So, American citizen, you think you have a right to vote for your federal representatives? Think again. U.S. Supreme Court Justice Antonin Scalia just disabused you of that notion — although in a backhanded sort of way. In his majority opinion earlier this month striking down the Arizona law requiring voters to produce documentary evidence of citizenship in order to cast a ballot, Scalia stated in no uncertain terms that the Constitution allows Congress to “regulate how federal elections are held, but not who may vote in them.” Notably, not one of the liberal members of the court challenged his assertion. The actual language of the Constitution gives Congress the power to override state laws governing the “time, place and manner” of conducting federal elections. Many scholars believed that the term “manner” was broad enough to encompass the qualifications of voters. But the Scalia opinion took pains to disavow the one Supreme Court opinion which seemed to suggest just that. In 1970, in the case of Oregon vs. Mitchell, the court upheld a congressional enactment requiring states to allow 18-year-olds to vote in federal elections.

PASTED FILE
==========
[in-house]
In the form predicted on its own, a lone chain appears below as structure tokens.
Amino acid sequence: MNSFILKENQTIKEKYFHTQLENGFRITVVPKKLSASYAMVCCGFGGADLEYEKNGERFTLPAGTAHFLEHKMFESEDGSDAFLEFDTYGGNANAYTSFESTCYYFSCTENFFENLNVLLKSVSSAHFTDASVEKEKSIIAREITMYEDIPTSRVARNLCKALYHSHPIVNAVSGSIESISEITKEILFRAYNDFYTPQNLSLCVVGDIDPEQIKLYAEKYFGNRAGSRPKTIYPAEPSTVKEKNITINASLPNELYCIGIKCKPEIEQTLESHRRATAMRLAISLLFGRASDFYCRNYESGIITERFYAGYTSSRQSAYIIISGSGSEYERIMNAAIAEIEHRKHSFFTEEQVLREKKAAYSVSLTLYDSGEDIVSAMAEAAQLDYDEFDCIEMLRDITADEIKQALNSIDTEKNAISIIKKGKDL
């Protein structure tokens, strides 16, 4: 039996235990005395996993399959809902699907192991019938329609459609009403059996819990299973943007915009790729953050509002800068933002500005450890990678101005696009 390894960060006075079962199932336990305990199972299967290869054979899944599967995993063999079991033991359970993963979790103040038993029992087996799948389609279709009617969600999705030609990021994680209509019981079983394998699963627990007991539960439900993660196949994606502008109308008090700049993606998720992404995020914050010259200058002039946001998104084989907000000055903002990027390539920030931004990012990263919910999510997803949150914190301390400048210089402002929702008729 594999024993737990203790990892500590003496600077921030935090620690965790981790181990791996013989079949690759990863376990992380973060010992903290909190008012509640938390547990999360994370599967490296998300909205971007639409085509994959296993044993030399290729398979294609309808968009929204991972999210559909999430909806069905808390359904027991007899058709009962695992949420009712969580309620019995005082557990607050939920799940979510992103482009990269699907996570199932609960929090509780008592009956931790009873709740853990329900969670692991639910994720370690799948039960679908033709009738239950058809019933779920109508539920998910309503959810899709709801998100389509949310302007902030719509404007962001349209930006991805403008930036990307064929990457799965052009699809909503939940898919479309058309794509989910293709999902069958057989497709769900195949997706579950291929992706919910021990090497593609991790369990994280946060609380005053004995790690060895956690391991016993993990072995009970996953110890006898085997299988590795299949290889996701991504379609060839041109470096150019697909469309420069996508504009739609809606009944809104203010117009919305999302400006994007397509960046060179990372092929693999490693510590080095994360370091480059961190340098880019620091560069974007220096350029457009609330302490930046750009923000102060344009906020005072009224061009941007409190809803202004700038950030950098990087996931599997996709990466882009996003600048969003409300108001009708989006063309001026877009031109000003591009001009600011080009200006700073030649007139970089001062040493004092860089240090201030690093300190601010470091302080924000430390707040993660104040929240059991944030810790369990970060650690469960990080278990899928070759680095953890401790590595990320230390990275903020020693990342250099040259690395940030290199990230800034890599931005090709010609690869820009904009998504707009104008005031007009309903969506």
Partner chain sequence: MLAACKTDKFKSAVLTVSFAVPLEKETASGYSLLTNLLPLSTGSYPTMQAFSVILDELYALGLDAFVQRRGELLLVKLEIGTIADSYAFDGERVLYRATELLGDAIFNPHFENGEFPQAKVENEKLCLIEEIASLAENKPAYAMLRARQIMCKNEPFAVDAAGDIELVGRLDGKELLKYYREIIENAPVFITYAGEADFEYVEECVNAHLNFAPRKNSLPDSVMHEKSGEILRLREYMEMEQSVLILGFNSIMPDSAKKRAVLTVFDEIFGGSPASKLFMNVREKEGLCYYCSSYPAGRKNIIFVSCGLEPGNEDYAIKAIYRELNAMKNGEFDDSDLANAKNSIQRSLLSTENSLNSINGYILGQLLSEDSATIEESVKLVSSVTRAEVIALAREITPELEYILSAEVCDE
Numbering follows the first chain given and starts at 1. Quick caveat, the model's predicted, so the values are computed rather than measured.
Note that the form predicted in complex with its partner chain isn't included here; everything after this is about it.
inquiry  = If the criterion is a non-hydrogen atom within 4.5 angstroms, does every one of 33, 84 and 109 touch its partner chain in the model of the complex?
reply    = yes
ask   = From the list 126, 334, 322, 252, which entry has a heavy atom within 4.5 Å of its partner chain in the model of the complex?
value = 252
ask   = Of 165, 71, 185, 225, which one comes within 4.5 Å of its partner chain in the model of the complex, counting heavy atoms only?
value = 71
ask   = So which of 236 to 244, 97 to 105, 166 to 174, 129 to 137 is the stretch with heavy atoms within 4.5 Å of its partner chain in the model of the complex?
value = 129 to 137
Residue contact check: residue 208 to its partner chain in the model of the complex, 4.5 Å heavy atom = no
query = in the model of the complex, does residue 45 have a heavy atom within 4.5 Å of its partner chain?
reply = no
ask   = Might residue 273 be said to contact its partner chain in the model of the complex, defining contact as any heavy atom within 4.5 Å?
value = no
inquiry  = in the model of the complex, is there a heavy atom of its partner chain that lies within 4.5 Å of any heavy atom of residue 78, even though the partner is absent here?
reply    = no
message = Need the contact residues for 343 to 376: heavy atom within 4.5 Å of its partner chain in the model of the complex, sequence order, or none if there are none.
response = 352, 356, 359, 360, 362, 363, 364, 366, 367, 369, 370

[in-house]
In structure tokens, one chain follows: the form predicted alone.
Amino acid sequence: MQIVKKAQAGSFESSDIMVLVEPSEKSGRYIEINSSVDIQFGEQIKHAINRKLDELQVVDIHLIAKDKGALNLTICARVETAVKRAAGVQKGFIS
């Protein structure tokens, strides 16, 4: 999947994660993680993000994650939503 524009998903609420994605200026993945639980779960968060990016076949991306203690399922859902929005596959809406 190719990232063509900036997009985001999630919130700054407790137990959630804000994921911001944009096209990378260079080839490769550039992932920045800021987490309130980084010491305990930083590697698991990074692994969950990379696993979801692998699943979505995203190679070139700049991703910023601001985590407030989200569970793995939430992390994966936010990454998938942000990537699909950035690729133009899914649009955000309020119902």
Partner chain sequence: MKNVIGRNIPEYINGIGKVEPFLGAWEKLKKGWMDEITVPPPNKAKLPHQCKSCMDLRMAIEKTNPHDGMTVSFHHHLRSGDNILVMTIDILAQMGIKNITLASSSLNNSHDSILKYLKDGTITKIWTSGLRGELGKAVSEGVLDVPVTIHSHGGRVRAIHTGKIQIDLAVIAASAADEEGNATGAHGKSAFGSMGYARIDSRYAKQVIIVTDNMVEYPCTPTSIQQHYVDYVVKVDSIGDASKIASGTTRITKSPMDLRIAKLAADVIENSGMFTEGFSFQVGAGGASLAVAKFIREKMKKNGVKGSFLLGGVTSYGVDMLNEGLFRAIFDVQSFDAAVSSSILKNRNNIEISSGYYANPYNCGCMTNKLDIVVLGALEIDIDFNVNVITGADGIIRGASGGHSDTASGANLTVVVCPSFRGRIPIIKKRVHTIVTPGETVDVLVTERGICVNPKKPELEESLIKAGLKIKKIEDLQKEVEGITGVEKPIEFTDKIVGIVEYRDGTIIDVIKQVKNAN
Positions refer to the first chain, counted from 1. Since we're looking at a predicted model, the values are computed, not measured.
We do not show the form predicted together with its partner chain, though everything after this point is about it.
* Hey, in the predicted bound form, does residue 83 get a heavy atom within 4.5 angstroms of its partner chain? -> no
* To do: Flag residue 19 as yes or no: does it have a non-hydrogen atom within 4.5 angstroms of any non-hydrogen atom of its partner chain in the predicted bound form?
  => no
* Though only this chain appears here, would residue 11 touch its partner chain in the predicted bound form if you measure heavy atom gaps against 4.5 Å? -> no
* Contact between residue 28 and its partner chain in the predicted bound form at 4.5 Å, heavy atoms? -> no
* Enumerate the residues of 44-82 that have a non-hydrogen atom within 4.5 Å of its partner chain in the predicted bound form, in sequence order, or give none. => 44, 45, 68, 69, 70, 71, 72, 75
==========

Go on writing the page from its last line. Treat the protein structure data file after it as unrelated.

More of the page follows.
But Scalia pointed out that only one of the justices in the Mitchell majority based the decision on the Elections Clause of Article I of the Constitution, the clause Scalia now says deals only with the how and not the who. The other four members of the majority relied on the Equal Protection Clause of the Fourteenth Amendment. But in more recent years, the new conservative majority of the court has greatly limited Congress’ authority to legislate under that provision.
As a consequence, it is at least arguable that Congress no longer has the power to pass laws concerning the qualifications to vote in federal elections. The ruling in Arizona vs. Inter-Tribal Council would appear to make vulnerable, for example, existing federal laws that require states to allow people who recently moved out of the state to vote by absentee ballot in presidential elections. It would presumably also preclude Congress from enacting new legislation providing for ex-felons on parole and probation to vote in federal elections in states that disenfranchise them.
Full Article: Time to provide a right to vote: Opinion | NJ.com.